Why ‘Moana’ Is the Most Important Disney Movie in Decades
Man, what is there to say about Disney’s latest crop of animated movies. There’s nary a flop to be found from the studio in recent years, whether it’s from Pixar or their more traditional in-house operation (both run by John Lasseter). Hell, even Finding Dory, a movie that was largely a retread of its predecessor, was still a head and shoulders above your run-of-the-mill Angry Birds-esque competition. Then along came the early-2016 release of Zootopia, a subversive post-racial narrative hiding in a film of cartoon animals. Suffice it to say, Moana had its work cut out for it following Zootopia in 2016.
Moana exists largely in the realm of your typical Disney princess stories. It’s even replete with the “young girl longs for adventure but is limited by her status” motif shared by the likes of The Little Mermaid and Mulan. But what Disney manages to do with Moana goes far beyond that, addressing many of the most prominent criticisms of the genre. As AV Club puts it, “despite some diverse cartoon faces over the past two decades, the default design tends to be skinny and white.” Here though, we have a princess who hails from the Pacific Islands, leading a story that celebrates every facet of the rich Maori culture (and interestingly enough, sans a love interest).
We’ve come a long way since Aladdin‘s less-than-culturally-sensitive depiction of the Middle East, and in the interim, Disney made little progress toward amending that problem. 2016 marks the start of a new era: one where Disney isn’t simply getting with the times, but jumping out ahead of them.
The basic story follows our titular princess (voiced by newcomer Auli’i Cravalho), who is the chief’s daughter and heir to the chieftain of her small island’s tribe. In keeping with your classic Disney narrative, there’s a strict “no leaving the island because the world is a dangerous and scary place” rule, a la King Triton circa The Little Mermaid. But unlike Triton, the fear of the unknown isn’t simply an oppressive obstacle to overcome. Rather, it’s one rooted in the trauma experienced by Moana’s own father, as well as tribal traditions that go back generations.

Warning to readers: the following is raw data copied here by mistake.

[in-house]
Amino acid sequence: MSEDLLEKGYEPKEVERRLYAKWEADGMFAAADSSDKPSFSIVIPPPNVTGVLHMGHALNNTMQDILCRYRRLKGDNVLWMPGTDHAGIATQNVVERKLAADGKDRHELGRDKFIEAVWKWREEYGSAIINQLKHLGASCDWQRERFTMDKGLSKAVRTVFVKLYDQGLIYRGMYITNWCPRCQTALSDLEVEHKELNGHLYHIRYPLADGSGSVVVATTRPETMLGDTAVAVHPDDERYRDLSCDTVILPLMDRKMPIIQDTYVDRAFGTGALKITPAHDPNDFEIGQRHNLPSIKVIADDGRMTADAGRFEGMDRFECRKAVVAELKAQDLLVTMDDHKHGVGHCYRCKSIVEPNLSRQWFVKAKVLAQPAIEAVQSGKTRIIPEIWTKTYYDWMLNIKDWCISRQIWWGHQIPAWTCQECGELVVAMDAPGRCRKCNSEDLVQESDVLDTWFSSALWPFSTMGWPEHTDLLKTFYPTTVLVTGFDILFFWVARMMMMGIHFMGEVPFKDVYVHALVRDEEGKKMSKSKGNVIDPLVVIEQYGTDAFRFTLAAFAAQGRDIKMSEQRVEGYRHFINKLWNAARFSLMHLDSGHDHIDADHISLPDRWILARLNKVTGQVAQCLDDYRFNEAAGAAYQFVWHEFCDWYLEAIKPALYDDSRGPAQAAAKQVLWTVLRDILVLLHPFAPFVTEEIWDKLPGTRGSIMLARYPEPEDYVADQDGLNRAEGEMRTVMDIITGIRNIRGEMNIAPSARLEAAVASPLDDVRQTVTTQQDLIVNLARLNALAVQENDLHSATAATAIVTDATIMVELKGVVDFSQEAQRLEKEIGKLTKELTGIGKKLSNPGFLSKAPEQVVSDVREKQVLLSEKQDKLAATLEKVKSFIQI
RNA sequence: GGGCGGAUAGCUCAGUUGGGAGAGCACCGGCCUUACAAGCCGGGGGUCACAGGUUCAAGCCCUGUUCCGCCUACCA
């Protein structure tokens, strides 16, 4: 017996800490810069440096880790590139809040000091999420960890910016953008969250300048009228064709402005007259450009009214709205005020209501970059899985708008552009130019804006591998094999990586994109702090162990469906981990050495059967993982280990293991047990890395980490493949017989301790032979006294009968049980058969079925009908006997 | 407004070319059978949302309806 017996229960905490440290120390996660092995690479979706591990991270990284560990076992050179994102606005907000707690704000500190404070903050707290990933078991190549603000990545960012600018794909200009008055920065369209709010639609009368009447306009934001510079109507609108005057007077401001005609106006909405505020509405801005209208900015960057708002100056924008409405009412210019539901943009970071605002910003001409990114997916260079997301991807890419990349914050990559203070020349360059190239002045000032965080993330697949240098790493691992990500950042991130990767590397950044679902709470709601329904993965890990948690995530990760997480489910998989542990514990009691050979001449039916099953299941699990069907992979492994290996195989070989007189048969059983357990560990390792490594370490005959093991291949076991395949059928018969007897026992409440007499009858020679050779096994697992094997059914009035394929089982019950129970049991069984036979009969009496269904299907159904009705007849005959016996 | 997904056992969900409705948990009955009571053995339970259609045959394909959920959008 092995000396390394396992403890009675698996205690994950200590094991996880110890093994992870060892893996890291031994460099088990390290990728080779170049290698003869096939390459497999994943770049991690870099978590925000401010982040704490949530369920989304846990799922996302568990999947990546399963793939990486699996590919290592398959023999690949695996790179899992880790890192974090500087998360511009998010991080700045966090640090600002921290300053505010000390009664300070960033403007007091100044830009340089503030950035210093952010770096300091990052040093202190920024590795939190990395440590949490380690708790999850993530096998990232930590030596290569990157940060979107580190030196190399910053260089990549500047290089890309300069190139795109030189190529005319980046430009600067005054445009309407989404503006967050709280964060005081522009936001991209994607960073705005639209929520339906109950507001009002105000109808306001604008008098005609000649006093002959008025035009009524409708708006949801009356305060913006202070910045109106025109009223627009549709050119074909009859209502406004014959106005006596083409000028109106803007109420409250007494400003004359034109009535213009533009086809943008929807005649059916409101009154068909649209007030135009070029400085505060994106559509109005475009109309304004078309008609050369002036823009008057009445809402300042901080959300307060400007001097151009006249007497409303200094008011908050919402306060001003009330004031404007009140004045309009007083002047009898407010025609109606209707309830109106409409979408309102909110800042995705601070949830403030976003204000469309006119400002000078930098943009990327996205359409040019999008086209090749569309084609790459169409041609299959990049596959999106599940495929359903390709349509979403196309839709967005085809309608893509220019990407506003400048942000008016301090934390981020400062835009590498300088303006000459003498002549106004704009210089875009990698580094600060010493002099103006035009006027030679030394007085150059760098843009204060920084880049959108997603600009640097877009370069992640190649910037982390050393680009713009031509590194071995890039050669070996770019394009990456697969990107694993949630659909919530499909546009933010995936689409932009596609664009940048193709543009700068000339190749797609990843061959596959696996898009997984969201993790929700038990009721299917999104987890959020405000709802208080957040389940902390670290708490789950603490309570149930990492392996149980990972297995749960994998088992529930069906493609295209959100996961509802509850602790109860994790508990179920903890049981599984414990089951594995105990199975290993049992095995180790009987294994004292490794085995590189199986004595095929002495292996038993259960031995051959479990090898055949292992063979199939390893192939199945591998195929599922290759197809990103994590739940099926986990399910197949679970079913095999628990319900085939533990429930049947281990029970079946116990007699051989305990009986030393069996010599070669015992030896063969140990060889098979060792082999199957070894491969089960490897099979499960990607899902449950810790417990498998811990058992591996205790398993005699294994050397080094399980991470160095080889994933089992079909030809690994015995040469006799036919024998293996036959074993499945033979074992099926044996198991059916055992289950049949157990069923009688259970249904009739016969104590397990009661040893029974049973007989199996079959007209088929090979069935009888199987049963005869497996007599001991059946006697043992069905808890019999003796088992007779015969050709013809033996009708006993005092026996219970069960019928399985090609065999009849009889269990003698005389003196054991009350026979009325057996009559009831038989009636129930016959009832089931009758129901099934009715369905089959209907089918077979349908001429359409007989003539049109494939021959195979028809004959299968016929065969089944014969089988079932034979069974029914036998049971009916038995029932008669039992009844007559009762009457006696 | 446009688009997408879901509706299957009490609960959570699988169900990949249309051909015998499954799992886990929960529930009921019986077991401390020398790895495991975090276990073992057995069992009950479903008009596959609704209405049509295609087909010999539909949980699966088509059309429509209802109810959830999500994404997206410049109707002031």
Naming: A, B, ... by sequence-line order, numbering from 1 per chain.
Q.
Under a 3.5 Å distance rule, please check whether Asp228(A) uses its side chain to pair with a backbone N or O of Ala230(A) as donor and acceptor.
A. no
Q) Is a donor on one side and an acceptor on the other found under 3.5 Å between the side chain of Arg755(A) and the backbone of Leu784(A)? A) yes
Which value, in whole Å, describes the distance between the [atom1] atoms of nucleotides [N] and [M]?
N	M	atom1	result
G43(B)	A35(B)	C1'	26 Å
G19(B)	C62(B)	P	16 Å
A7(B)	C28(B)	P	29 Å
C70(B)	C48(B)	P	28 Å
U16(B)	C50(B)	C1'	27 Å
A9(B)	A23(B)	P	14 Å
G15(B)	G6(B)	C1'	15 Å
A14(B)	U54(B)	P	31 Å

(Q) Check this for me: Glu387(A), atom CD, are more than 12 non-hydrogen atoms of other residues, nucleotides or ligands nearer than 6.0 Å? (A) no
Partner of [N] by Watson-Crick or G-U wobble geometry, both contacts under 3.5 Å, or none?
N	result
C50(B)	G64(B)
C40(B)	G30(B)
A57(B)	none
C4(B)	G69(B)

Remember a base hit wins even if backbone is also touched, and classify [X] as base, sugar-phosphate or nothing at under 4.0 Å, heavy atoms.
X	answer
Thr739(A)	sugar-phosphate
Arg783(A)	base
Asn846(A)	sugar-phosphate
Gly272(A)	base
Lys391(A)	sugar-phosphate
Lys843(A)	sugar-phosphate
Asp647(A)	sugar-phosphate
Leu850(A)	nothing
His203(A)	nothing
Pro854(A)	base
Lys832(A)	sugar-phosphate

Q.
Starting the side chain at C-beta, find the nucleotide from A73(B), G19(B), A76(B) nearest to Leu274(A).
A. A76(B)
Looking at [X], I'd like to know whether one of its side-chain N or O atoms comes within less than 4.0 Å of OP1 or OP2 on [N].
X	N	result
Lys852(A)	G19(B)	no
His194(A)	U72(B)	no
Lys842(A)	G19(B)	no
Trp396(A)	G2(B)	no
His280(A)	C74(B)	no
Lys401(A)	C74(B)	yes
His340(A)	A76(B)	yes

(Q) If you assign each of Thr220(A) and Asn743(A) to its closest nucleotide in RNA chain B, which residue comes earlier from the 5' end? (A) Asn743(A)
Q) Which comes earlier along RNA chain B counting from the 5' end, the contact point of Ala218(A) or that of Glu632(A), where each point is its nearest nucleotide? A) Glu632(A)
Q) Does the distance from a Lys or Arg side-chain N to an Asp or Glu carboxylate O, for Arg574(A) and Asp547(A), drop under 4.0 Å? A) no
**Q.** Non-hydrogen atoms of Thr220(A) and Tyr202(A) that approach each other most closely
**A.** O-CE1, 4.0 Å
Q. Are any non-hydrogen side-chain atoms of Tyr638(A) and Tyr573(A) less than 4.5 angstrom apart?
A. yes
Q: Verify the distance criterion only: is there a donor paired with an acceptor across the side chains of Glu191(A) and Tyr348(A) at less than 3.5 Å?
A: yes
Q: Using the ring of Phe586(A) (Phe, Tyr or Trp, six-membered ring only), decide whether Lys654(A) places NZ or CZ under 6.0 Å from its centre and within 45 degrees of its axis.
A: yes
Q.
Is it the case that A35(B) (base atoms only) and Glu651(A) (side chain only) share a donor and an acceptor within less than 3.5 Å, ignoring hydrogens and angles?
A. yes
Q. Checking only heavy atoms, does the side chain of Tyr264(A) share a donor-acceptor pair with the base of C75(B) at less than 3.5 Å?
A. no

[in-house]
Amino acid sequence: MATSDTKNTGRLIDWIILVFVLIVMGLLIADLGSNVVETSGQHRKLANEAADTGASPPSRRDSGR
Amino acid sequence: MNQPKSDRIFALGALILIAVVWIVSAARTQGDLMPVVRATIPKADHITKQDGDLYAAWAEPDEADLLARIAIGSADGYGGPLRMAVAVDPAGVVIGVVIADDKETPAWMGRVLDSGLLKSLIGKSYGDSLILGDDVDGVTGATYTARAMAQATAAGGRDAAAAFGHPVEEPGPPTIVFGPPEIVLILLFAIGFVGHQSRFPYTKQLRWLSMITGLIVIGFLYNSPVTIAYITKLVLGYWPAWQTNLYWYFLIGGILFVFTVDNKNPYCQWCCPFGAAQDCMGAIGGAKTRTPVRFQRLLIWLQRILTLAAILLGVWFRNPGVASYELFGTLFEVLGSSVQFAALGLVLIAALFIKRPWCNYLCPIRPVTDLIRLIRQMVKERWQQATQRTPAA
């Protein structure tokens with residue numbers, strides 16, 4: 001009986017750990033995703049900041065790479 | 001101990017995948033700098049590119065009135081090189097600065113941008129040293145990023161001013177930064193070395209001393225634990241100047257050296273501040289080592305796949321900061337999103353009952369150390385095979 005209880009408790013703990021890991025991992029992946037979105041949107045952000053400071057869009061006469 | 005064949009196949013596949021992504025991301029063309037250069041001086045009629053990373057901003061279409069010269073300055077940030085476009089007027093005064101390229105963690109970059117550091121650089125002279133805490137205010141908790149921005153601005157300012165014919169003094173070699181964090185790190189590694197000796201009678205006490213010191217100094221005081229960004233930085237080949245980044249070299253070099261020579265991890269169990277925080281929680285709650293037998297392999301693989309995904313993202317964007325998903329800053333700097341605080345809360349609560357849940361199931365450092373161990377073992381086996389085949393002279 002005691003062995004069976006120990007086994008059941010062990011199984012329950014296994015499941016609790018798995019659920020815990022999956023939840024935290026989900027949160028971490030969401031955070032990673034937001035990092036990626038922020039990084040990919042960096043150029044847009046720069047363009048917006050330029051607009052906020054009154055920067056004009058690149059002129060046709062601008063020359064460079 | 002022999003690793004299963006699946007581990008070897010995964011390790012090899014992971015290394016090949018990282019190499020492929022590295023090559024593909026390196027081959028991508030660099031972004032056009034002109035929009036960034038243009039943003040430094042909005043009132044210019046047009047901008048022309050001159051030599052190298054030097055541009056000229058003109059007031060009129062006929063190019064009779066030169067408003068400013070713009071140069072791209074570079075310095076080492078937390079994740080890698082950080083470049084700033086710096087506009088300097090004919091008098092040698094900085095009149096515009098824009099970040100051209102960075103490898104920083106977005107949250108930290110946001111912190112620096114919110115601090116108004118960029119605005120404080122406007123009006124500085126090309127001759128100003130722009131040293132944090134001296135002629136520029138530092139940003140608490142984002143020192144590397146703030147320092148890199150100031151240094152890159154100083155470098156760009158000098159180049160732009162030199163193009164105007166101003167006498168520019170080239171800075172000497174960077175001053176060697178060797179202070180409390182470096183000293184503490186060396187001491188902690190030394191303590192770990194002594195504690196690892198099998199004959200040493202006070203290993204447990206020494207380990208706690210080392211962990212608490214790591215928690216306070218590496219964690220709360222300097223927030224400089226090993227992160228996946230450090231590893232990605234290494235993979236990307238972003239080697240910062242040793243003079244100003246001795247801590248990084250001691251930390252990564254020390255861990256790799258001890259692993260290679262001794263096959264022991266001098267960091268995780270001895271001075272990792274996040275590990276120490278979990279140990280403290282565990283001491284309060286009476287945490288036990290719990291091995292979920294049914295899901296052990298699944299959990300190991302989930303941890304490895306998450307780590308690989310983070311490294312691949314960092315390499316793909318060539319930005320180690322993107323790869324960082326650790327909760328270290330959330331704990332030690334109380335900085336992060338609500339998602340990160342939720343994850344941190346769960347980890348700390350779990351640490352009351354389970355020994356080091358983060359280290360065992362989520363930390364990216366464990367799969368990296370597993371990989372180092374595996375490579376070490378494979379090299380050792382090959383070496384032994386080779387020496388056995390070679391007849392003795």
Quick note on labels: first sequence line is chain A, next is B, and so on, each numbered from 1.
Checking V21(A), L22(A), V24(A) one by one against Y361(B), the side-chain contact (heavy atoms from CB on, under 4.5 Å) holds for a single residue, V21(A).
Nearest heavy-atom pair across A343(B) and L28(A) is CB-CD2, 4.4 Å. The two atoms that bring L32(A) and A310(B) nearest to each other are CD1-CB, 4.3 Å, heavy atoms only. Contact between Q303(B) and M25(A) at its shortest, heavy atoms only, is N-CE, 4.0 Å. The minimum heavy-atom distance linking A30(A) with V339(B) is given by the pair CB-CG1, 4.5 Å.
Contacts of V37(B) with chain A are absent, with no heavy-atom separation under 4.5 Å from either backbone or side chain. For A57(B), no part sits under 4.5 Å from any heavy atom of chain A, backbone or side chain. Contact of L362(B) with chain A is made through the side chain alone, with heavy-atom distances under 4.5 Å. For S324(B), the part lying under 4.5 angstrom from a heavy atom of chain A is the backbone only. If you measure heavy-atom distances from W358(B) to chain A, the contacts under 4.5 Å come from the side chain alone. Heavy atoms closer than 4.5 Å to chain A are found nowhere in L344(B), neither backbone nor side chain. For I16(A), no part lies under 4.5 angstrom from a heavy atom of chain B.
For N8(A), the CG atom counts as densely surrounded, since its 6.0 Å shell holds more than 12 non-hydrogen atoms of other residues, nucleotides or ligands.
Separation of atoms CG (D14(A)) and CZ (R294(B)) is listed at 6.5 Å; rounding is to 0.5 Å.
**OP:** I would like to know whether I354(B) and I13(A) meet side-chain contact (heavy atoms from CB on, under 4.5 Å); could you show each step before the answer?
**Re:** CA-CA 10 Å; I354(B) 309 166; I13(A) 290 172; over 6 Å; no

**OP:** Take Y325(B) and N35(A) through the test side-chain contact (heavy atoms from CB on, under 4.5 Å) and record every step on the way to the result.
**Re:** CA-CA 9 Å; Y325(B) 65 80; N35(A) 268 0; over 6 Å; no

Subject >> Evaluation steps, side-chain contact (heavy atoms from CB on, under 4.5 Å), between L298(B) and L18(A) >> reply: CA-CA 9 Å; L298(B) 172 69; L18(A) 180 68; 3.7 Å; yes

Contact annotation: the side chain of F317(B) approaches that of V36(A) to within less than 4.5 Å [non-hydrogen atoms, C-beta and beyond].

As the island begins to literally die (coconuts are rotting, fish are gone, everything is terrible), Moana must set out on a journey to find the demigod Maui (Dwayne Johnson), and restore the ocean to its original splendor. It carries all the trappings of a Disney-appropriate hero’s journey, and yet still, it operates as an exciting evolution of that concept. Moana is the required amount of adventurous and bold, but carries a subtle insecurity you’d expect from any young girl with the fate of her entire tribe resting on her shoulders. Maui, while a legendary Maori hero in his own right, carries a massive chip on his shoulder that plays into much of his chest-puffing bluster.
The abundance of well-rounded and complex characters feeds into the idea that this is the next step for Disney’s pantheon of princess movies. Even Moana’s requisite animal sidekick bucks the prevailing clichés of the genre, as a chicken more apt to choke on a rock than be of any real use to our hero. That all being so, you could draw parallels to previous Disney movies virtually everywhere in the story. The thing is, each parallel is accompanied by a “yes, but … ” qualifier, explaining the key ways in which Moana is decidedly different.
2016 has been a year of massive growth for Disney’s animation house. Between Zootopia and Moana, we have two instant hits aimed at young audiences, that are championing culturally relevant and complex themes. The line between Pixar and the studio’s other animated films continues to blur in the process, and the result has been nothing short of spectacular. While other studios are content with talking animals and rote pop culture references, Disney is focused on making it so their animated offerings transcend their release dates.
In the case of Moana, we get a perfect marriage of the old and the new. Yes, on a base level she’s a princess with an animal sidekick on an adventure to save her people (something Maui himself even makes note of in a particularly meta exchange). But once you peel away that layer, there’s a vast, rich narrative that’s impossible to ignore. Factor in some truly gorgeous work by Disney’s talented animators along with a song that could very well be 2016’s “Let It Go,” and it’s not hard to see why these movies appeal to such a wide audience.
People forking over $13 for a movie ticket nowadays are demanding more from the studios that churn out their entertainment. A year filled with disappointing box office numbers from major releases has taught Hollywood a valuable lesson about the correlation between bad movies and poor turnout. That applies doubly for animation, where even kid-centric stories require some level of nuance. Moana has that in spades, and it’s exciting to say the least.
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